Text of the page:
Originally Posted by dxb335d
what does radial run out mean bud?
Sorry mate - been busy - as others have said, looking side-on at the wheel, it's how out-of-round (or 'egg shaped') the wheel is.
As So Yank said - if you were to mount the wheel on a calibrated axle shaft (so you know the shaft isn't out of kilter) and positioned a dial guage with the tip of the guage onto the radius (outer edge) of the rim, pre-loaded and zero'd the guage and then rotated the rim one revolution, the difference between the maximum and minimum dial guage readings would be your radial run-out.
I believe BMW are saying that should be max 0.3mm and seem to be suggesting that any figure above 0.3mm indicates that the wheel has received impact damage which caused the crack in the first place.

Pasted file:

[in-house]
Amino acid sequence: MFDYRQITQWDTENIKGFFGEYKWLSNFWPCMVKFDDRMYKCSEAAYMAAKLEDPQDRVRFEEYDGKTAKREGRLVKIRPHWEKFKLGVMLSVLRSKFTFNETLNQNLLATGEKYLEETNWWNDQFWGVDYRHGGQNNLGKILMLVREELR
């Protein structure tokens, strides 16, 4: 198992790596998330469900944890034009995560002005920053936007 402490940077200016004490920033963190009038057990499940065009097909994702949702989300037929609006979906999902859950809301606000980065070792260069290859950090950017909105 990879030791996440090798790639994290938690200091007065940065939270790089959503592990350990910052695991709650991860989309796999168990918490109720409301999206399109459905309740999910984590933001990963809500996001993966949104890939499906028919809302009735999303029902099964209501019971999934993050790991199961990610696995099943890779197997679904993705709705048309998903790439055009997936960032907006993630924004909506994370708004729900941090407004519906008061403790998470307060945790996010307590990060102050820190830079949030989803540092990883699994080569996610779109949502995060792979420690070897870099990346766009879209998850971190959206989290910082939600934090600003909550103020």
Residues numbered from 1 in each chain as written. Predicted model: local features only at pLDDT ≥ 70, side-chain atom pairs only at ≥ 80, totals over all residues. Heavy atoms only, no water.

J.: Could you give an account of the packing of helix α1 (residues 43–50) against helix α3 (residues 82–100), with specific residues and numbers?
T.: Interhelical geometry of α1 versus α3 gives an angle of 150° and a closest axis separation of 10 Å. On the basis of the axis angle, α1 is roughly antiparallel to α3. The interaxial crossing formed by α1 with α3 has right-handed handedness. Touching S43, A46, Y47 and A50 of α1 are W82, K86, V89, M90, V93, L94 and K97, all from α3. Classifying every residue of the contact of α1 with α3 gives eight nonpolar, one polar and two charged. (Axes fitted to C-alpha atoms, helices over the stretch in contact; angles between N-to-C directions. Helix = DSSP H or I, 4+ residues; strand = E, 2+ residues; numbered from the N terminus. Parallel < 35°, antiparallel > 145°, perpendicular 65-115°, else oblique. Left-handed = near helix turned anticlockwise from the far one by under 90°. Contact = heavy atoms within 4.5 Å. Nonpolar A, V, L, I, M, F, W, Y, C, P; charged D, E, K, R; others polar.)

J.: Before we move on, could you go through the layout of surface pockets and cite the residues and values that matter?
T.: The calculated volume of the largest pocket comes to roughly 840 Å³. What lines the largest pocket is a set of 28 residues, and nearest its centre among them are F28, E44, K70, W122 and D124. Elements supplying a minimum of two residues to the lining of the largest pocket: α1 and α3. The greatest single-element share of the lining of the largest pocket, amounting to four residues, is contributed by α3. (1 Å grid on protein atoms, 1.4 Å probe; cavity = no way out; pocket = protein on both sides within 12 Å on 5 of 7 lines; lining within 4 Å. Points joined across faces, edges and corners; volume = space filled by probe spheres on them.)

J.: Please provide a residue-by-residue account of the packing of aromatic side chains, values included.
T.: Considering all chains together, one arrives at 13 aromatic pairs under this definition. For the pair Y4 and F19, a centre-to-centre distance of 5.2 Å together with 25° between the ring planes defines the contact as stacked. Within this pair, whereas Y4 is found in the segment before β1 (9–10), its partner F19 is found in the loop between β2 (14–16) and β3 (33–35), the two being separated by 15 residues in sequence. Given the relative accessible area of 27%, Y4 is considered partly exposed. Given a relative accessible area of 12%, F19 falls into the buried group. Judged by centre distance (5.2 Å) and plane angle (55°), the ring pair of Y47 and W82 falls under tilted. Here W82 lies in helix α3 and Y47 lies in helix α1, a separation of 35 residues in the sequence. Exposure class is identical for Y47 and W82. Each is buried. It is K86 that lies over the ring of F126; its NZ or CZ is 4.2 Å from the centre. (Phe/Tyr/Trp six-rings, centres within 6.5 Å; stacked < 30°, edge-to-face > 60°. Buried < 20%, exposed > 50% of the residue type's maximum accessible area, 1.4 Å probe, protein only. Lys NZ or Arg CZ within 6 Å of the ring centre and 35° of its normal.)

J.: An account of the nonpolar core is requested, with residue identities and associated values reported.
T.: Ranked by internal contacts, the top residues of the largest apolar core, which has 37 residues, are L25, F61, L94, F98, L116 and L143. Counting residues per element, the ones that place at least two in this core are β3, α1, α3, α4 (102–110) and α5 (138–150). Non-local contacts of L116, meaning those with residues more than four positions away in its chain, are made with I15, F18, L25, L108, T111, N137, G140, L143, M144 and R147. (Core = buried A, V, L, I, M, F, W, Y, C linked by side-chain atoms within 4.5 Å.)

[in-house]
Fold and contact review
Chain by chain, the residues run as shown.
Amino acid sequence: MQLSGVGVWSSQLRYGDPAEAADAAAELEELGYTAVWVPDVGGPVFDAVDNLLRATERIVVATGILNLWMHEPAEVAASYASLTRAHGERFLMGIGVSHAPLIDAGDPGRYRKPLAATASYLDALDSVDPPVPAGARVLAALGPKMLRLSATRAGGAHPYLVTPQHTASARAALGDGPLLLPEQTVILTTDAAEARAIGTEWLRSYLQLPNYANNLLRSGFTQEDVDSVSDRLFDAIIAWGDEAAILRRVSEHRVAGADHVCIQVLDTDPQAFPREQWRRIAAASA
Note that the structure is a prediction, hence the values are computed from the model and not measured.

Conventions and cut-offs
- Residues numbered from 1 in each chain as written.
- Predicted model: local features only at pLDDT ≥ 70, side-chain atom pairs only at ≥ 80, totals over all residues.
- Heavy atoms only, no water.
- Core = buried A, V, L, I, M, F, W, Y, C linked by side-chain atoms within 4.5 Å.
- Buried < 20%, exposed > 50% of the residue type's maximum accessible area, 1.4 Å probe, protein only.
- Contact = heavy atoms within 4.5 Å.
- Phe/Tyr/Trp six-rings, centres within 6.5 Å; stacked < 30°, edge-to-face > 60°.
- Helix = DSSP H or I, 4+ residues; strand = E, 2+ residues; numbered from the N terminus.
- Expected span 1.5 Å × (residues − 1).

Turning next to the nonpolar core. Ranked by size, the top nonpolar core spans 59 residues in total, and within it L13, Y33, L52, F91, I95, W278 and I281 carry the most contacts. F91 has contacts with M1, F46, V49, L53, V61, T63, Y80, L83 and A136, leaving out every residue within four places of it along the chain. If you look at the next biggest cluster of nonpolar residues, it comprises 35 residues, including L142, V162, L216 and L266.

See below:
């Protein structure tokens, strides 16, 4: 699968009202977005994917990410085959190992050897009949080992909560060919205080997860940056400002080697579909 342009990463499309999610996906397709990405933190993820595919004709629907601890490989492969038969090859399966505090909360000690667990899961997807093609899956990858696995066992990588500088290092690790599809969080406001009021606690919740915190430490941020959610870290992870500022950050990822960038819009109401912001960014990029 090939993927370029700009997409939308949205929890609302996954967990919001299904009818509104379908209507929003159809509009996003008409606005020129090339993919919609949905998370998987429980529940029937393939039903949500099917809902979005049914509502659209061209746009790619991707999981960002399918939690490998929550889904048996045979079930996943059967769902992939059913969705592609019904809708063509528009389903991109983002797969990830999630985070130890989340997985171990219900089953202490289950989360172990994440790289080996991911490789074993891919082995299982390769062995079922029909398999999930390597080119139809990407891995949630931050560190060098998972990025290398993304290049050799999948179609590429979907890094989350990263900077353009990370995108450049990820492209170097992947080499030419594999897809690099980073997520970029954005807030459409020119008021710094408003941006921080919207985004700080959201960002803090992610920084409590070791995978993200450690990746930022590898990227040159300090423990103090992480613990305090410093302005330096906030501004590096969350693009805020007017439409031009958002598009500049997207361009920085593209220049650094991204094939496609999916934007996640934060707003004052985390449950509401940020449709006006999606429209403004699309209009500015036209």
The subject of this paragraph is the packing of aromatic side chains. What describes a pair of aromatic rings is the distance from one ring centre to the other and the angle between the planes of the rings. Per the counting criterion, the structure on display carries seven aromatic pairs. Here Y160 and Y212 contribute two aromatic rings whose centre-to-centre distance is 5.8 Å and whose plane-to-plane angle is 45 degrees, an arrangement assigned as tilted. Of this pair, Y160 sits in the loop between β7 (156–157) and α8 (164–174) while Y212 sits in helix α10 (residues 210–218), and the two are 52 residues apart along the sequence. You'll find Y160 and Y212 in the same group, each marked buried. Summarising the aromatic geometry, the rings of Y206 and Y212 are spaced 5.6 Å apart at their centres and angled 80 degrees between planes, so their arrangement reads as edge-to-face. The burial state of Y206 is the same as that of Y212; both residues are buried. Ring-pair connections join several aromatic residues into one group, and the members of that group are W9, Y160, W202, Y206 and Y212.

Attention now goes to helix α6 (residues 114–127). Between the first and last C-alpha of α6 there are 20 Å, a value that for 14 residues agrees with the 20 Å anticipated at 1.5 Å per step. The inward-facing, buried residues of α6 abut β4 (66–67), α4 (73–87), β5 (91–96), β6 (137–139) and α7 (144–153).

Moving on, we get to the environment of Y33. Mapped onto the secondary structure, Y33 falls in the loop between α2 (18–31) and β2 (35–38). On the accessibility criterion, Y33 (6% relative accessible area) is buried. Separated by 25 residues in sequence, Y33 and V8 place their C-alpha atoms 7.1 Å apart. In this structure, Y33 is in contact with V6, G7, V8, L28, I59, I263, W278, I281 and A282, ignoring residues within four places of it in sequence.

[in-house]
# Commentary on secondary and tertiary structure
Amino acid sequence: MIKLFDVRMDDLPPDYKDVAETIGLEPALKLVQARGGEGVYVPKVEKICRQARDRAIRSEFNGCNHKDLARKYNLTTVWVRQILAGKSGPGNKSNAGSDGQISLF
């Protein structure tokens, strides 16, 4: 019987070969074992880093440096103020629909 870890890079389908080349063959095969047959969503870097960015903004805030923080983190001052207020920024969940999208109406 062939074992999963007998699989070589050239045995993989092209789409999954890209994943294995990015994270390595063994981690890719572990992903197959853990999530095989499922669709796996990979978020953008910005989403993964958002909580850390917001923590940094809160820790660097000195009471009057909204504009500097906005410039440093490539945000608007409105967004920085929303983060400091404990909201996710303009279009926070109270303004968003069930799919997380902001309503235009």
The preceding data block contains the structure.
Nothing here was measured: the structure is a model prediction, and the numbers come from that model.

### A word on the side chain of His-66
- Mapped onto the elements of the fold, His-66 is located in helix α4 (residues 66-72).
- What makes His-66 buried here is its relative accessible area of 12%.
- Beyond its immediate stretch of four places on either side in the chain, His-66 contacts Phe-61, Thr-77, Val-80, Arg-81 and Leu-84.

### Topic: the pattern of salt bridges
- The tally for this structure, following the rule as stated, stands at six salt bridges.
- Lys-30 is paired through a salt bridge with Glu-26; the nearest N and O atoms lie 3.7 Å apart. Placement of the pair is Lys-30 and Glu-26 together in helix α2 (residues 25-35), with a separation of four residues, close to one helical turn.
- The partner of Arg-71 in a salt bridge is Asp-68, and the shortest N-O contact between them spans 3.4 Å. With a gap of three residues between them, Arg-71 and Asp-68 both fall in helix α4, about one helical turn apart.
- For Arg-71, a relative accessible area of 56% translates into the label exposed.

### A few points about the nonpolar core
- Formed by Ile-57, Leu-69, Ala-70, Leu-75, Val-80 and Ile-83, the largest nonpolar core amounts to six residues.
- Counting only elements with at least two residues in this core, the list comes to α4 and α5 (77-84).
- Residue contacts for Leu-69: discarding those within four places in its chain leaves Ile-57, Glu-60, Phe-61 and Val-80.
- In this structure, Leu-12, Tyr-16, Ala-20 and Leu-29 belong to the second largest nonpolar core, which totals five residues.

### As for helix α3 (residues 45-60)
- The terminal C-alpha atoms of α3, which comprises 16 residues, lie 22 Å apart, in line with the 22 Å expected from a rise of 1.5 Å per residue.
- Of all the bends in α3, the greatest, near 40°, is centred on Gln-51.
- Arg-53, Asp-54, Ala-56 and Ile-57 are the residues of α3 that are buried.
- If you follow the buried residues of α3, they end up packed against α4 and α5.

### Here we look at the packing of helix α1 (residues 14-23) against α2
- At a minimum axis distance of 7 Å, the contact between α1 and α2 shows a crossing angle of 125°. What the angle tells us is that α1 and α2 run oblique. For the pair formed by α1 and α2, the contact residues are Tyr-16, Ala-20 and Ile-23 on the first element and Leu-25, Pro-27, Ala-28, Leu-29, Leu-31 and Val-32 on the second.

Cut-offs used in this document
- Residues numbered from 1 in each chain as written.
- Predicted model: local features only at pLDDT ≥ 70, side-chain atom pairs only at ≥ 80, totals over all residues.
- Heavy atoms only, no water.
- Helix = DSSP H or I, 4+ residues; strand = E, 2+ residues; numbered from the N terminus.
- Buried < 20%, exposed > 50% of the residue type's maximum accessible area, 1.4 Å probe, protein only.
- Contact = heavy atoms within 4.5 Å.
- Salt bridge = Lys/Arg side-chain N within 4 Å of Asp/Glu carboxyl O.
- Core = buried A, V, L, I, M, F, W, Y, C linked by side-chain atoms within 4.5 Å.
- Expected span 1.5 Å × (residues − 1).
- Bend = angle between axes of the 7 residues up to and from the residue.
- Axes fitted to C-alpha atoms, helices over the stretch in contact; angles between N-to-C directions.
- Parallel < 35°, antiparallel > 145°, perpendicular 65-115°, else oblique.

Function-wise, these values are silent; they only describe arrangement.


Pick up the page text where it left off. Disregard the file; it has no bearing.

I don't doubt that some form of impact caused the crack but my point is why the alloy cracked: I'm not a metallurgist but as an engineer I believe that if you do a radial run-out test on these damaged wheels you may well find that the lowest reading is 180 degrees opposite to the crack and the highest reading it at the point of the crack - which at the very least suggests that instead of the crack being the point of impact it was actually 180 degrees opposite to the point of impact and therefore perhaps if the alloy material had not been flawed in the first place (by a weakness such as a casting inclusion or suchlike) then a crack would not have formed.
In my theory the impact force transmitted into the edge of the rim deformed the rim at the point of impact but the rim burst (for want of a better word) on the opposite side.
To me, the fact that the wheel isn't round is not an adequate explanation for the existence of cracks - poor quality control on the alloy is, so ergo it was a manufacturing fault and should therefore be covered under warranty.
As far as alloy casting is concerned this article is very interesting (for the techie): http://findarticles.com/p/articles/m..._/ai_n21383207
Just my tuppence